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Josh Rouse with The Bees

Schuba's, Chicago, IL

April 26, 2004


I was excited for weeks before the concert about the prospect of seeing Josh Rouse not once, but twice at Schuba's in the same week. To set the scene, Schuba's is one of the premiere live music venues in Chicago. It's smallish (250 people during sold out shows), attracts a wide variety of musical talent and, in turn, usually benefits in an attentive, respectful audience.


The first night's opener was the Bees. Fronted by Daniel Tashian, better known as Josh Rouse's multi-instrumentalist, the Bees have recently been touring with Guster.  Meeting Bees' bassist, John Deadrick, before the show, we asked him to describe the Bees' sound. Jokingly, John qualified it as a cross between Matthew Sweet and Motley Crue.. Matthew Crue, if you will. We'd just have to wait and hear for ourselves. The Bees put on a very entertaining performance - great music, good lyrics, very nice chemistry between band members.  They played 8 - 9 songs with very little chitchat in between songs.  Definitely worth another listen.



After a relatively brief set change, Josh Rouse took the intimate stage.  Dressed in a retro 70's polo and signature corduroy jacket, Rouse politely greeted the crowd commenting on how quiet we all were.  He opened with the infectiously rhythmic tune, 'Comeback'; a song that pleads with the sun to shine again to combat seasonal affective disorder during a long Norwegian night.  The song is already a hit overseas, and was released as a single on March 1st here in the states.  At some point in the evening, Rouse joked, "I'm huge in Europeń getting a big laugh from the crowd.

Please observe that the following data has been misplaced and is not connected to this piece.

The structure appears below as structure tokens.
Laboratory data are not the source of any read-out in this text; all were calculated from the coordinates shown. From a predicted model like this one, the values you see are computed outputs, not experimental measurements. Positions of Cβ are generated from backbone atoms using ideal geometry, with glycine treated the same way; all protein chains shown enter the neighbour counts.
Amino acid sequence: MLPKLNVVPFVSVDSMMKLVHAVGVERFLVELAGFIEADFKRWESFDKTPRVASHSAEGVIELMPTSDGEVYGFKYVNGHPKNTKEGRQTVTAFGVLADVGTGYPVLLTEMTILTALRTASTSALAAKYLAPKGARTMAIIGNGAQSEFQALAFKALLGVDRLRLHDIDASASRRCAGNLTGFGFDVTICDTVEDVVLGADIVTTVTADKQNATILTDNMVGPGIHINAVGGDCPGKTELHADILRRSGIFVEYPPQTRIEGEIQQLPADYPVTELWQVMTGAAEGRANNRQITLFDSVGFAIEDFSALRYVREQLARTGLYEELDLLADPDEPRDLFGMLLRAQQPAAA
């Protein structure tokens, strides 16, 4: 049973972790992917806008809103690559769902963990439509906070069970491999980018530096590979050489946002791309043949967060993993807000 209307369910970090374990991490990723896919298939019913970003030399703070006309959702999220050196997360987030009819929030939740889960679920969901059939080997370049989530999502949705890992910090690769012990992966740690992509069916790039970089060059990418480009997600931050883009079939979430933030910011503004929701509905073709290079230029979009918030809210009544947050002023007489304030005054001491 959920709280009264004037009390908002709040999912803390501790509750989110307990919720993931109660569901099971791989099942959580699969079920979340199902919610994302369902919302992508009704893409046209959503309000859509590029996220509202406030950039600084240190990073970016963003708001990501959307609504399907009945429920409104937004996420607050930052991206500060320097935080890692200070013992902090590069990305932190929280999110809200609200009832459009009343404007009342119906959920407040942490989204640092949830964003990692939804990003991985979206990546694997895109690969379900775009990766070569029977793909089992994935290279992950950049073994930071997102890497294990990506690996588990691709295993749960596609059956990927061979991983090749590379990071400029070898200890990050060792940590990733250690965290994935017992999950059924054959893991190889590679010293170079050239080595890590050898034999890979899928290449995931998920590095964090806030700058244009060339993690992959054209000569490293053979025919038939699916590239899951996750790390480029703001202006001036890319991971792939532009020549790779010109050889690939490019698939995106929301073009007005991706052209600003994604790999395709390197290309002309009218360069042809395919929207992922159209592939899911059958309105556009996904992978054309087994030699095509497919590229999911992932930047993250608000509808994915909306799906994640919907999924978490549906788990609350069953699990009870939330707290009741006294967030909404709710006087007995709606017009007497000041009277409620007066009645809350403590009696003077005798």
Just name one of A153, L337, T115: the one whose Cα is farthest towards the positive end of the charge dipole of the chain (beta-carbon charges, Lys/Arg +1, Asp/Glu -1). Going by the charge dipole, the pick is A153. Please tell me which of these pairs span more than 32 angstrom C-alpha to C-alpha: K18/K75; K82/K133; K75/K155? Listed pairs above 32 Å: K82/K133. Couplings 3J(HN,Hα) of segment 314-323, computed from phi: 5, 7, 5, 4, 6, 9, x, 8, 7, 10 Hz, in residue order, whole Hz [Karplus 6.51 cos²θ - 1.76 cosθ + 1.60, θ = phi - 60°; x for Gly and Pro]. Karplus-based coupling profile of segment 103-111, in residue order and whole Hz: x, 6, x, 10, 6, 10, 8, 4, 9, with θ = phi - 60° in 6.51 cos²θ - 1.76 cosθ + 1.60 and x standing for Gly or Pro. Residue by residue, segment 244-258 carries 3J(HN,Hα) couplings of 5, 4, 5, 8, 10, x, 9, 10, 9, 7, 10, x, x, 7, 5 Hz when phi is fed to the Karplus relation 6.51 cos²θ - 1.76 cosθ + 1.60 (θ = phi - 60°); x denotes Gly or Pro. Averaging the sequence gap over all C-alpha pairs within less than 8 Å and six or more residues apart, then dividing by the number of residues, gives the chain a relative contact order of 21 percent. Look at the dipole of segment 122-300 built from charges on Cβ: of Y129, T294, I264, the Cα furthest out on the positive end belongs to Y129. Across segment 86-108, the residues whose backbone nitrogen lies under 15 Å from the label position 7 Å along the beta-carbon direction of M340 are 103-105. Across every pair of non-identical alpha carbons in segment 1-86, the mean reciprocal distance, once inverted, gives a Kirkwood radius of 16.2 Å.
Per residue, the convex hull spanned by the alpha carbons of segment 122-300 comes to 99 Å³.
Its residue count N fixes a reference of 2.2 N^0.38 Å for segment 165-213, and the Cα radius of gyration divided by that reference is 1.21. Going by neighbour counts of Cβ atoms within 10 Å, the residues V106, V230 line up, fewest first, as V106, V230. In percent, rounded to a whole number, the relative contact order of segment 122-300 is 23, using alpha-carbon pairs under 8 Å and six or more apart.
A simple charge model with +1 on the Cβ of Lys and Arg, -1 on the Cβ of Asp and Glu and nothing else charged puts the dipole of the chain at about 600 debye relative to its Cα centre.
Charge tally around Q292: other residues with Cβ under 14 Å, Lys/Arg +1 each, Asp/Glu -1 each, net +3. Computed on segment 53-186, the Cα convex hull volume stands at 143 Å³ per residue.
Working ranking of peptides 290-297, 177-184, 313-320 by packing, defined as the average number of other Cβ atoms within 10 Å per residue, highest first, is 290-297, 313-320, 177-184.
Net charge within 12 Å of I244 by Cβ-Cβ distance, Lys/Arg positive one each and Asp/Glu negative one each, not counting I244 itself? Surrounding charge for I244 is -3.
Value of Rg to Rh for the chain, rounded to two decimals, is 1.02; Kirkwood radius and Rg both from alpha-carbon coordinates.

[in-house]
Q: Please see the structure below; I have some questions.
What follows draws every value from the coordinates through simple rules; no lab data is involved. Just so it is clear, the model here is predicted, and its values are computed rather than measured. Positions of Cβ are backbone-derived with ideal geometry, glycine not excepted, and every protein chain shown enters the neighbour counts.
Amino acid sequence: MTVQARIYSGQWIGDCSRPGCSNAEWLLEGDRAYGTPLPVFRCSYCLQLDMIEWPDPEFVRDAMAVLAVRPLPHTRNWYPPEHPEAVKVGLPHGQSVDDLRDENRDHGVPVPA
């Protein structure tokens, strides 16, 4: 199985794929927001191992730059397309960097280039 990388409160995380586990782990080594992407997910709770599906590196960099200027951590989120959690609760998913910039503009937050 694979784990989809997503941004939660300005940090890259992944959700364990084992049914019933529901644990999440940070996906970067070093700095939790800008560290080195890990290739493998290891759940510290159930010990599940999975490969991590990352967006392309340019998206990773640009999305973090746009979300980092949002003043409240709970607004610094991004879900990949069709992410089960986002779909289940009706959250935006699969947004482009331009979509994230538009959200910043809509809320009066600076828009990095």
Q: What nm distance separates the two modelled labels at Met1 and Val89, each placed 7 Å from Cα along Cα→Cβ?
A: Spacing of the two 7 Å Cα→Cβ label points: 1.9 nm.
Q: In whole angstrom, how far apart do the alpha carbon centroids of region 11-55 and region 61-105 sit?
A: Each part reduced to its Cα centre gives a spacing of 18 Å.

The set list included a healthy amount of songs from '1972,' his newest release, and a collection of fan favorites from 3 of his 4 other albums (such as 'Feeling No Pain,' 'Marvin Gaye,' 'Miracle' and 'Late Night Conversation') as well as a lively cover of Gillian Welch's 'Look at Miss Ohio.' Early in the set, Rouse had the entire audience feeling his 'Love Vibration' with an ever so slight hip movement that is quite sexy, in my opinion.  Rouse and the band also treated us to atmospheric 'Rise' and 'Under Your Charms' which I hadn't heard live yet. They were both definite highlights of the evening.


It was such a treat watching this tight-knit group of musicians create sound together with Rouse subtly orchestrating the song progression with a look or nod of his head.  As an added bonus, Brad Jones (talented producer of '1972' and other albums by Marshall Crenshaw, Jill Sobule, Ass Ponys, etc.) was filling in for Tashian on guitar. 


As I've seen at other Josh Rouse shows, they ended the set with 'Flight Attendant' with Rouse leaving the stage before the end to give a chance for the audience to really attend to the other band members. After a very short break, Rouse returned to the stage to perform a solo acoustic version of 'Sparrows Over Birmingham' in which the crowd spontaneously morphed into his gospel choir filling in the quiet spaces ÷ "wedding bells ring... church choir sing... beautiful one... it's a sad tune.ń  Then, the band rejoined Rouse for an energetic rendition of 'Directions.'



A great night all around, save the annoying yelling guys standing dangerously close to my friends and I in the front row whom had no sense of when their inane comments and song requests were falling on deaf ears.  Note to concert goers, if the first three or four times you yell something and the band members don't respond, or look at each other with a look of horror ÷ cease the action. Just a little friendly advice. Oh yeah, see Josh Rouse live whenever you get a chance ÷ you won't regret it!


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